Not Only My Own
Dried grass, mud, bark, and twigs filled the corner of the ledge just above the doorway. All day, I watched her build her home. I sat clicking my pen at the dining table, with its clear view of this determined, architectural endeavour.
One misshapen twig. Dear Grandma, you were the one I wanted to tell first. You are stability and grace. When mom went to work, you were the one who carried me around the neighbourhood to meet everyone in the town, fed me mashed pears, danced with me, and sewed me pillows with floral designs.
Two olive blades of grass. Dear Ms. Felton, you told me that perfectionists cannot survive in this world, but hard workers can. I am grateful for that light in your eye as you taught about motion, equations that were keys to the world, and discoveries that began with compass needles twitching and fruit falling on heads.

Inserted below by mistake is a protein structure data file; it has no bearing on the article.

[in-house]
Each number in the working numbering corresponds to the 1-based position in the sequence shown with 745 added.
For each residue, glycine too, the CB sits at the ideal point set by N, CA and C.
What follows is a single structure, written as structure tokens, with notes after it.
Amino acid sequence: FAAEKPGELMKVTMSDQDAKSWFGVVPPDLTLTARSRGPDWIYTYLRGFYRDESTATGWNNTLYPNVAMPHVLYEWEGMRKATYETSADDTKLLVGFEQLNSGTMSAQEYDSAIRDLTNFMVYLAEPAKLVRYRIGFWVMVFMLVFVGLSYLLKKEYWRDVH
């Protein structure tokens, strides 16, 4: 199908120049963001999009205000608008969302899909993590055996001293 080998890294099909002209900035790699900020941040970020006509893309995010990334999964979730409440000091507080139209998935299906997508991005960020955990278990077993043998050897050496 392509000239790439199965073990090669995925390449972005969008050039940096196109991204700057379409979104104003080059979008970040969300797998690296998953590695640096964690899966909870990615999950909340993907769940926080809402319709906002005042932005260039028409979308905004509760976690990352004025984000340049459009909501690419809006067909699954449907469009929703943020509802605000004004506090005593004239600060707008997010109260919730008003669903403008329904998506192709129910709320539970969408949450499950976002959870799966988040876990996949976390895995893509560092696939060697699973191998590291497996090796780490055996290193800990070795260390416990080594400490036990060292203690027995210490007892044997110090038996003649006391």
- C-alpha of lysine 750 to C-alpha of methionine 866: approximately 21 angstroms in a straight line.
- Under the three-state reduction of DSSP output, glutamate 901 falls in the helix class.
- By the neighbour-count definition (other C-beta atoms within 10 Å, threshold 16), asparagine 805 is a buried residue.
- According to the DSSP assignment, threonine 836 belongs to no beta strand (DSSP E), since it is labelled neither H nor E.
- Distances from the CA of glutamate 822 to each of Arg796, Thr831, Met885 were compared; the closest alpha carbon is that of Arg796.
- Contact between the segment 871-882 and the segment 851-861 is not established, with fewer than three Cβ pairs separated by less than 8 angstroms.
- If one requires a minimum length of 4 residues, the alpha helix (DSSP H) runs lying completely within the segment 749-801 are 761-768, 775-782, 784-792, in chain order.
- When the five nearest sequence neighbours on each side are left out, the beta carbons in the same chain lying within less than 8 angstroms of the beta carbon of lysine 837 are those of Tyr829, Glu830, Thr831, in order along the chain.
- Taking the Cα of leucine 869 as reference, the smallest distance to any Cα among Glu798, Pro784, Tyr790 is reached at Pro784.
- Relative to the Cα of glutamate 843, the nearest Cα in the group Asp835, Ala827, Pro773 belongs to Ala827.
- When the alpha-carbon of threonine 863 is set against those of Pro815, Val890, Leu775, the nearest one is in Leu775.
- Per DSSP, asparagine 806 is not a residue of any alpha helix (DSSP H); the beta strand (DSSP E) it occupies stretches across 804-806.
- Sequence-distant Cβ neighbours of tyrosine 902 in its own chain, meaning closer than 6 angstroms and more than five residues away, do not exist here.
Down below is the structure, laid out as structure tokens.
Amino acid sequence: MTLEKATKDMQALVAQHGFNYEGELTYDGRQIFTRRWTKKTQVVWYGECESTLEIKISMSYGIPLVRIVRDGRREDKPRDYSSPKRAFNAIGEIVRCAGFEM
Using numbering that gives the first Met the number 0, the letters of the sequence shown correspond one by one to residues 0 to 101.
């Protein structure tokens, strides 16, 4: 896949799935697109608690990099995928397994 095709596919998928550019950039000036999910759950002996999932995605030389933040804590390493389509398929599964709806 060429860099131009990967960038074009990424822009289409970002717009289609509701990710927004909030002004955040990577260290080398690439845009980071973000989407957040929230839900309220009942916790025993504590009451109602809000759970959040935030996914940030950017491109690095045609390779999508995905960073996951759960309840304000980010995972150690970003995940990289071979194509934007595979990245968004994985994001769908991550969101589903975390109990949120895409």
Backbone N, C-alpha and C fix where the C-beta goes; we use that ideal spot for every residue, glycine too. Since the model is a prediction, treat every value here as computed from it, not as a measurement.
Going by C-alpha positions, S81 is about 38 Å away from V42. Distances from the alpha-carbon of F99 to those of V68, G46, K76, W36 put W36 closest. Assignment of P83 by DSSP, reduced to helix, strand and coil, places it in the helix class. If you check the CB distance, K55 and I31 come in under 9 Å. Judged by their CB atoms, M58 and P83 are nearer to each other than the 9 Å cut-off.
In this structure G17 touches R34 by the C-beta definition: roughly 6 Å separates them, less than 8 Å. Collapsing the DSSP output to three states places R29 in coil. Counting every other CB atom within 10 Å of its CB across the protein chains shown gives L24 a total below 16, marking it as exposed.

Mud and grey feathers. Dear mom, you know everything I want to say before I say it. So that my words don’t get lost in a phone call of happy tears and blubbering, here they are. All I can say is thank you. You emanated love and it became home.
Another twig. A piece of damp bark. Mud pellets intertwined with white and grey feathers. I glanced periodically until the light in the sky appeared to dim and I had finished writing. With careful folding, the letters were enclosed in envelopes and completed with stamps. I opened the door to see her, sitting above the doorway. In a subtle movement of her head and beak, she nodded at me in approval.
She understood the components that make a home. She knew that my wings were not only my own. My wings were nurtured, fed, healed, and guarded with dried grass, mud, bark, and twigs.
I am writing to share that I finally got my pilot’s license. Because of you, I have my wings.